Recently, this image, taken at the funeral of John Cupid, caused controversy over social media because of what many perceived as the inappropriateness of having this traditional Carnival figure, even in a suit, inside the church. Catholic News sought out comments from Felix ‘Pierrot Grenade’ Edinborough, who was part of the procession of costumed characters around Cupid’s coffin before it entered the Cathedral; and Vicar for Communications, Fr Robert Christo. Feel free to send in your own views. –SD
Fr Robert Christo: On first impression, one must confess it appears a bit jarring, out-of-place, but on closer reflection, it can be very thought-provoking and stimulating to one’s religious imagination.
Some have poked fun: “ devil in church “; “corruption cloaked in jacket”; “ could not be in a better place”; and “maybe this is the place”. There are some realities we must face. The Church must be opened to all and never be seen as museum/merit for saints but a hospice for oppressors and other corrupt elements which plague our society.
One must also consider the context of the event. Mr Cupid was a masman extraordinaire and his contemporaries sought to honour him at his last rites with a procession of ole-time carnival portrayals. Some remained in the Church afterwards. Coincidentally, the devil portrayal was alone in this pew.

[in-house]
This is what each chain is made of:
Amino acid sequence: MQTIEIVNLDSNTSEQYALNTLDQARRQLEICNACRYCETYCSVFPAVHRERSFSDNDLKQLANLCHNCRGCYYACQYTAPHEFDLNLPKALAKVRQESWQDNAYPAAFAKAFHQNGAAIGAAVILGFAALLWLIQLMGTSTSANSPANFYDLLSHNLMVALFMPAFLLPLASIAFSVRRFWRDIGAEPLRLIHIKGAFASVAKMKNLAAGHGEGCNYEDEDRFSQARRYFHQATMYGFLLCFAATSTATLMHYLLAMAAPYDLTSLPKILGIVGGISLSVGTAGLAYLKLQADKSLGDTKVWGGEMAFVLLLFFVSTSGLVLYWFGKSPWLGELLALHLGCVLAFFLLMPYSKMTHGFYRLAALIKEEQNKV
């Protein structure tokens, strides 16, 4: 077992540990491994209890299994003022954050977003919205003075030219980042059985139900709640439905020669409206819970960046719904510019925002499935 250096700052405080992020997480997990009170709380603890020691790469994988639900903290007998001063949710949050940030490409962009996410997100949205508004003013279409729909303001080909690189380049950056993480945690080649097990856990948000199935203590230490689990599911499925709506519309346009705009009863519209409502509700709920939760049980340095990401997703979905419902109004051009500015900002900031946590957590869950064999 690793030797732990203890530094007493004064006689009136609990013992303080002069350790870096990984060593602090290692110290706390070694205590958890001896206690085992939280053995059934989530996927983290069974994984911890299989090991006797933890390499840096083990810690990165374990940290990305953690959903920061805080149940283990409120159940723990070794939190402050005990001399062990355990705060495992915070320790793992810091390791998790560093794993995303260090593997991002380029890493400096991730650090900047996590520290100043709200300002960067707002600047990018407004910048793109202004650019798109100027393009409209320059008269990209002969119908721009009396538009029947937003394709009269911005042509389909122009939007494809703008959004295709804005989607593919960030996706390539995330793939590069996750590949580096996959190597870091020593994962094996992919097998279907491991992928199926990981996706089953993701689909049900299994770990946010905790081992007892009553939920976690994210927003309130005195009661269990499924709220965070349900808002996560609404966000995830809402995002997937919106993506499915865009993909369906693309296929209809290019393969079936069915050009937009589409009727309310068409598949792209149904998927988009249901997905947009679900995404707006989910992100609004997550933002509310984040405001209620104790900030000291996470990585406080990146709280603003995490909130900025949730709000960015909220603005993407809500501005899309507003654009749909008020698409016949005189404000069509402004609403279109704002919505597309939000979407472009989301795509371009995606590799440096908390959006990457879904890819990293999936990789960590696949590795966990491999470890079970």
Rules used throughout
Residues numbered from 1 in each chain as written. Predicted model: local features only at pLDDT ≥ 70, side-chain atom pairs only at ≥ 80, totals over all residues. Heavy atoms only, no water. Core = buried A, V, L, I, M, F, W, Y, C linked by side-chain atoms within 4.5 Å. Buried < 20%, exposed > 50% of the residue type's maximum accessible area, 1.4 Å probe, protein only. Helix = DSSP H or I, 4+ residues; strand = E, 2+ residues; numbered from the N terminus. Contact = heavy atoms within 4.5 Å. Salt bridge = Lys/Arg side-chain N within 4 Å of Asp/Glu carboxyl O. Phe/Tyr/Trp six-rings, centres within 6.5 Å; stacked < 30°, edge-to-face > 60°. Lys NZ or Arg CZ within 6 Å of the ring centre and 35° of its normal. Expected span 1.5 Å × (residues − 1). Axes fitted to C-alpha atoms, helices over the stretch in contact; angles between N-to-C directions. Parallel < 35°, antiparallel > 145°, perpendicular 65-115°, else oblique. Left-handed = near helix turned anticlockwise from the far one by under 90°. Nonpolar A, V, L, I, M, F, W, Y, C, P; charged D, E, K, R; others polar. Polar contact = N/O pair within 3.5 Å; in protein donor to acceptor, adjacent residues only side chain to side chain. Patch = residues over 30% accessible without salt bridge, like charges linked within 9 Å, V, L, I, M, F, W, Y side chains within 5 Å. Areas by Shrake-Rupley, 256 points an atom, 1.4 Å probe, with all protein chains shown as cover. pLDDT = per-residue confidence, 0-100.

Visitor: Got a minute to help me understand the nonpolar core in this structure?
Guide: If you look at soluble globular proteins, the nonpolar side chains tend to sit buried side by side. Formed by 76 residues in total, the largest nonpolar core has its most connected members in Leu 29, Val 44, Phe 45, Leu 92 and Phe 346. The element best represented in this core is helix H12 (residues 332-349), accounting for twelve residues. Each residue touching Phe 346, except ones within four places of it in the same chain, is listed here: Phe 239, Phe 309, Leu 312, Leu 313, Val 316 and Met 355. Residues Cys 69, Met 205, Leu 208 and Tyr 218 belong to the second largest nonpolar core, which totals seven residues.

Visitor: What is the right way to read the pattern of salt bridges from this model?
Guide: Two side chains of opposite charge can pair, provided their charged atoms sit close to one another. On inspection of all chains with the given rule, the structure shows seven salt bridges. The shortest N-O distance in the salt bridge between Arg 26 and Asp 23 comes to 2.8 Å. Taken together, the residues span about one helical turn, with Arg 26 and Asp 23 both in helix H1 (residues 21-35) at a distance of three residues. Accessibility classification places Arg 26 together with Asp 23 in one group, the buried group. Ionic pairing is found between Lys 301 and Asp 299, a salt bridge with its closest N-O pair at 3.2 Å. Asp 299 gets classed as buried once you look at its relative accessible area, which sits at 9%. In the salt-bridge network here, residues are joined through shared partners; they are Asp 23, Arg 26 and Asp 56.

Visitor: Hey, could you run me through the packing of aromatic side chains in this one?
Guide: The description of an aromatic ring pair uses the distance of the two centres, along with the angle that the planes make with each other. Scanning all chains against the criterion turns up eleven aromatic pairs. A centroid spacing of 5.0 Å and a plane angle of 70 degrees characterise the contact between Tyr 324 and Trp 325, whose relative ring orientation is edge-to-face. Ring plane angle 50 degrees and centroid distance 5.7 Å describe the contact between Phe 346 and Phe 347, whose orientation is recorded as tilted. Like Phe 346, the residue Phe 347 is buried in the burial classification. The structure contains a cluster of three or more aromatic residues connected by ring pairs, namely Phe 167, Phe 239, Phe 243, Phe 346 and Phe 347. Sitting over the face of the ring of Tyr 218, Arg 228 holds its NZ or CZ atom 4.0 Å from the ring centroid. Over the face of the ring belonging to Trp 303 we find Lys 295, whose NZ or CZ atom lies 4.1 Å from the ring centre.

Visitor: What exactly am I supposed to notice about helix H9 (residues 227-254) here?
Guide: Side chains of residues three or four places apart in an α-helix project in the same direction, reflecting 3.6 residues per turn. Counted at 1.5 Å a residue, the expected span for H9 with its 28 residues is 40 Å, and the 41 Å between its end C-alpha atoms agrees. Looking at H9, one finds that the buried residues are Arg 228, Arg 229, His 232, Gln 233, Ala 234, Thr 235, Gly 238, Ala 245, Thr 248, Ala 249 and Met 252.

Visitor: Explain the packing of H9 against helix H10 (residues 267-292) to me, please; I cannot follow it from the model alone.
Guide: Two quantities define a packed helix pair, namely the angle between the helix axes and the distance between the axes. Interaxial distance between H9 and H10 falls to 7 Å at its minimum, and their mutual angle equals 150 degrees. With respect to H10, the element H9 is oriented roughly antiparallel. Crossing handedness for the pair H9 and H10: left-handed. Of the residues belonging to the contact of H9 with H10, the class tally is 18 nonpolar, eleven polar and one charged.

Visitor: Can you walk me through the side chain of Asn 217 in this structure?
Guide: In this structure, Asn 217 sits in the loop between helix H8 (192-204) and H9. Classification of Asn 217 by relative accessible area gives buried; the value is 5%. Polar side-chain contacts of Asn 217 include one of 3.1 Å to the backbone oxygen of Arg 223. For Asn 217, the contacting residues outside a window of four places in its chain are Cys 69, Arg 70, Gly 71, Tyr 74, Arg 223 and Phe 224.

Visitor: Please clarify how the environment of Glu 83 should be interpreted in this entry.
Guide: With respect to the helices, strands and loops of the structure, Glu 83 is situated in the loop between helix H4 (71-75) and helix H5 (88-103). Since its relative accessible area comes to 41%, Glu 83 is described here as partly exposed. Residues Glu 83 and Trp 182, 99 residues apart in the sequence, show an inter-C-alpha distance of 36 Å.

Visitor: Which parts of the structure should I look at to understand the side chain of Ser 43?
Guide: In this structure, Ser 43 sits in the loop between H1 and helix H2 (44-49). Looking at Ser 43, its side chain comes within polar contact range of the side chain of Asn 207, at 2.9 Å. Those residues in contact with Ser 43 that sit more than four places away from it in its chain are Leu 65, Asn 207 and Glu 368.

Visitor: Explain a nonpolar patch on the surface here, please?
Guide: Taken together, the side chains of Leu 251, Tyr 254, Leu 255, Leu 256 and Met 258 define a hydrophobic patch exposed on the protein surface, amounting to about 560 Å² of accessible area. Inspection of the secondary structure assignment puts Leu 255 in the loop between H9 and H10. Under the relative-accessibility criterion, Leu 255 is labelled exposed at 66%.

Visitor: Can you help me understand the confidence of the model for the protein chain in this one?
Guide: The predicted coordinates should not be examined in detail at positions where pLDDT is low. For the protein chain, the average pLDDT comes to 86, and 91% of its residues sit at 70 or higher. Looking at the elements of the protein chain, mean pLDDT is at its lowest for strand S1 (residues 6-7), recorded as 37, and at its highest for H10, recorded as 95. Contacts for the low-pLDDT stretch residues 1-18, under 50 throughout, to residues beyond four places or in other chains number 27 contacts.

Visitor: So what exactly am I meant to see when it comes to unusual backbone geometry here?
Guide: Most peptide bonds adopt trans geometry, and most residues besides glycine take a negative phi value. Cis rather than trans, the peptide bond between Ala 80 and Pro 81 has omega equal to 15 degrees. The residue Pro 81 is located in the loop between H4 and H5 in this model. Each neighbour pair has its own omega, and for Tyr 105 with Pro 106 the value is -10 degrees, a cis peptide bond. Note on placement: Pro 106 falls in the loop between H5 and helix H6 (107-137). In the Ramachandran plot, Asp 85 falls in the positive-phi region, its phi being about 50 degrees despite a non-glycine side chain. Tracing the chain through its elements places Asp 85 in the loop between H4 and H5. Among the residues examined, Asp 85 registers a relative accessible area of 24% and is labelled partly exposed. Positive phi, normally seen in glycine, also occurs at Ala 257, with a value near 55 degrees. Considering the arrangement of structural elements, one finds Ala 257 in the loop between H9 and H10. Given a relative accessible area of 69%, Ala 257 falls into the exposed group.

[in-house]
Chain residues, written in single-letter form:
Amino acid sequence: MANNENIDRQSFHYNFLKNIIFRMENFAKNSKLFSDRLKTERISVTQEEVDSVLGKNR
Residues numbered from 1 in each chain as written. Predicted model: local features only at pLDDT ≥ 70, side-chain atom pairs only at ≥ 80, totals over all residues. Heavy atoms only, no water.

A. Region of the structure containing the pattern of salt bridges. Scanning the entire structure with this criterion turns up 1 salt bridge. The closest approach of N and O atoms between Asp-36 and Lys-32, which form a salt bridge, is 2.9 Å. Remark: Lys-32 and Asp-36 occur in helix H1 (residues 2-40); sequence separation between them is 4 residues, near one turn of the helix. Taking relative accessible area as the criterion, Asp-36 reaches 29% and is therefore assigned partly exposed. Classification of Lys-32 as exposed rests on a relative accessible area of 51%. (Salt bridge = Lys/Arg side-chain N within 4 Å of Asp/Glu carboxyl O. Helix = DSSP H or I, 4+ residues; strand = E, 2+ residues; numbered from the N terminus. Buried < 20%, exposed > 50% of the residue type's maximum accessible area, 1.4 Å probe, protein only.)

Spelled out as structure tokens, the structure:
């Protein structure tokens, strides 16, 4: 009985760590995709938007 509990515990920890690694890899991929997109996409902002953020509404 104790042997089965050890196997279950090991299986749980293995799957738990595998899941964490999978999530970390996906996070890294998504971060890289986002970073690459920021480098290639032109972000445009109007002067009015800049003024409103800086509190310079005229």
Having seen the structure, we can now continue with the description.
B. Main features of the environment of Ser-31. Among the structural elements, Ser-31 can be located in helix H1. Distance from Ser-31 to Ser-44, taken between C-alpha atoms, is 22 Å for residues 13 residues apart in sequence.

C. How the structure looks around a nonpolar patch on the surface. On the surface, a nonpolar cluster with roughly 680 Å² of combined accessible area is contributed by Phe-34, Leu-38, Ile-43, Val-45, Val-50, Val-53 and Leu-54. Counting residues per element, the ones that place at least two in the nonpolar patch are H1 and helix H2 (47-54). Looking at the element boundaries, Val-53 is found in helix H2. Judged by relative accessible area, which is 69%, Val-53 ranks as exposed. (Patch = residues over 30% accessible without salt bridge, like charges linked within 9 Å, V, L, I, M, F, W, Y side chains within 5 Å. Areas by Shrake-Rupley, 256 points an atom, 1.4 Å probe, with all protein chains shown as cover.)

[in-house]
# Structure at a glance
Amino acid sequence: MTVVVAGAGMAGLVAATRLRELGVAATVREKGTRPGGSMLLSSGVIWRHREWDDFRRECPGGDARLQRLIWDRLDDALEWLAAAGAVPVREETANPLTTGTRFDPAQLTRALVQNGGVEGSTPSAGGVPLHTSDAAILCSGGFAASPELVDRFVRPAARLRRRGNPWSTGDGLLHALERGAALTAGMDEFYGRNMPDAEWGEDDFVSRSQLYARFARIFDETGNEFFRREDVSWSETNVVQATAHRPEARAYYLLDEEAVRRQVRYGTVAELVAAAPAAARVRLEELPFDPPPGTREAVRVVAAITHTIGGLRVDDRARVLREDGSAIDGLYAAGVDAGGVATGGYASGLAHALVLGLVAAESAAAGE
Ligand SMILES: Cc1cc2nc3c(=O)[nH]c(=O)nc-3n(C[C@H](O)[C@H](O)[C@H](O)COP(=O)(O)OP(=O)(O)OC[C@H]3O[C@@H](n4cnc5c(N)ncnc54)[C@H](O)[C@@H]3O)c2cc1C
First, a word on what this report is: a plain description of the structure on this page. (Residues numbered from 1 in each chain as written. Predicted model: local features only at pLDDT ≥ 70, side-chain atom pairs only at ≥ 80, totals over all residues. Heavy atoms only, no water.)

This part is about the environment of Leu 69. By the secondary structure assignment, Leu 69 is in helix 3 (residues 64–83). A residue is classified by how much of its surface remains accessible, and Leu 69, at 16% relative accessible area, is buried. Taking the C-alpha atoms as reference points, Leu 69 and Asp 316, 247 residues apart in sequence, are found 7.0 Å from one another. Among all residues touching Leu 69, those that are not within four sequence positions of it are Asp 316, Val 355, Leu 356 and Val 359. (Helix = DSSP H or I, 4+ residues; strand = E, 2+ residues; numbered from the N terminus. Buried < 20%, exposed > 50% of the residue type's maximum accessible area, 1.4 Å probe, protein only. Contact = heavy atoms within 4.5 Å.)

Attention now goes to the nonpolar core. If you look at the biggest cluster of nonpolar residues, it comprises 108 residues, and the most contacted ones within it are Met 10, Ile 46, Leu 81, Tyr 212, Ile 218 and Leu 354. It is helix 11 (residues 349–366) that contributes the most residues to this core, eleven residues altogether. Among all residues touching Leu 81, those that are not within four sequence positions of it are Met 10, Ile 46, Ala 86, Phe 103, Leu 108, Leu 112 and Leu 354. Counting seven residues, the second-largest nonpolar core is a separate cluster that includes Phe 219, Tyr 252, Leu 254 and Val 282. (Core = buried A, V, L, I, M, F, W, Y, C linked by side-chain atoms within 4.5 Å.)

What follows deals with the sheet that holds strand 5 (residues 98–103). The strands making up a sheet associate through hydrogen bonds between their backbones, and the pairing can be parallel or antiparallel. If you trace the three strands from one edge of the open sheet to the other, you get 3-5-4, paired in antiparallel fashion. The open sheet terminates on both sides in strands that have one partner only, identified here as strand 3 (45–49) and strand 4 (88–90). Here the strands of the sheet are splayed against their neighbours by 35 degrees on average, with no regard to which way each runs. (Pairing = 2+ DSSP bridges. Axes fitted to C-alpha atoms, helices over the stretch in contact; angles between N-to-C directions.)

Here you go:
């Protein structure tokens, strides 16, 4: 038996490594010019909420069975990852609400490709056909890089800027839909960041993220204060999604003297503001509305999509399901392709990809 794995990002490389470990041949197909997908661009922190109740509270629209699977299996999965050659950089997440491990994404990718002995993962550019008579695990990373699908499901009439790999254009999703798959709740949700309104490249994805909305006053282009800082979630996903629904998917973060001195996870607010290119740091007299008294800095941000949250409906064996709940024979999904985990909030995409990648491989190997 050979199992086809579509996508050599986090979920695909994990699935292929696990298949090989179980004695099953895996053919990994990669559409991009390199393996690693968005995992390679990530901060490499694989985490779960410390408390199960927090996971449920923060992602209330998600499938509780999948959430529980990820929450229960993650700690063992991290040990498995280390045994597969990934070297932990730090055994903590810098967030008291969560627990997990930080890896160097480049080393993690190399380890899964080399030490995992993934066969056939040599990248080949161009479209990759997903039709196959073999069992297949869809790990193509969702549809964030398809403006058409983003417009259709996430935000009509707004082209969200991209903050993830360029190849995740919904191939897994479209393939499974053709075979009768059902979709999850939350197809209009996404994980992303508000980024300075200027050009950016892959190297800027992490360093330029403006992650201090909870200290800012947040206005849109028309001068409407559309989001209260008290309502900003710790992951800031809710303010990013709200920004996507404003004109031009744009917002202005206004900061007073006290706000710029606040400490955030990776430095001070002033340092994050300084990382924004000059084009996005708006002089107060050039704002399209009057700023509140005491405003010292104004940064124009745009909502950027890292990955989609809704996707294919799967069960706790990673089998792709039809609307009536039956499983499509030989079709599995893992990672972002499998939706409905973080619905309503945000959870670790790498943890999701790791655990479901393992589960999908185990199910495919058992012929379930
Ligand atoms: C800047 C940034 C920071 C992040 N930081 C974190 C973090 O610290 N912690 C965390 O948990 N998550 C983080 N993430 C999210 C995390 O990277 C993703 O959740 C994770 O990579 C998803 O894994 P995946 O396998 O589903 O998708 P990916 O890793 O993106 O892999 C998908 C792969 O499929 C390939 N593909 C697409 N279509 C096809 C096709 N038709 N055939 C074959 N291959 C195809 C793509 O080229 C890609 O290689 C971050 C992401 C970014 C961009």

Internationally, the devil is depicted in works of literature, music and popular art forms and culture even in Christian images. In carnival, devil characters are connected with the mimicking and mockery of the horrific evil, brutality and oppression associated with slavery of our ancestors and the celebration of freedom that followed.
Even in international carnival portrayals, it is never meant to glamorise evil but in fact the reverse – even to reflect humour within ourselves.
It should encourage a dialogue on faith and our present reality. It should inspire conversion not fear but allow a deeper respect for our past, and an encounter with real freedom which comes only through the One and true Living God.
Felix Edinborough: You have to understand the tradition. In the African traditions, several dances were performed to ward off evil. The devil and jab molasses (black devil) did special movements to ward off evil spirits. They did not, in of themselves, represent evil. Even the colour blue is used to ward off evil. There was nothing disrespectful in this devil in the church.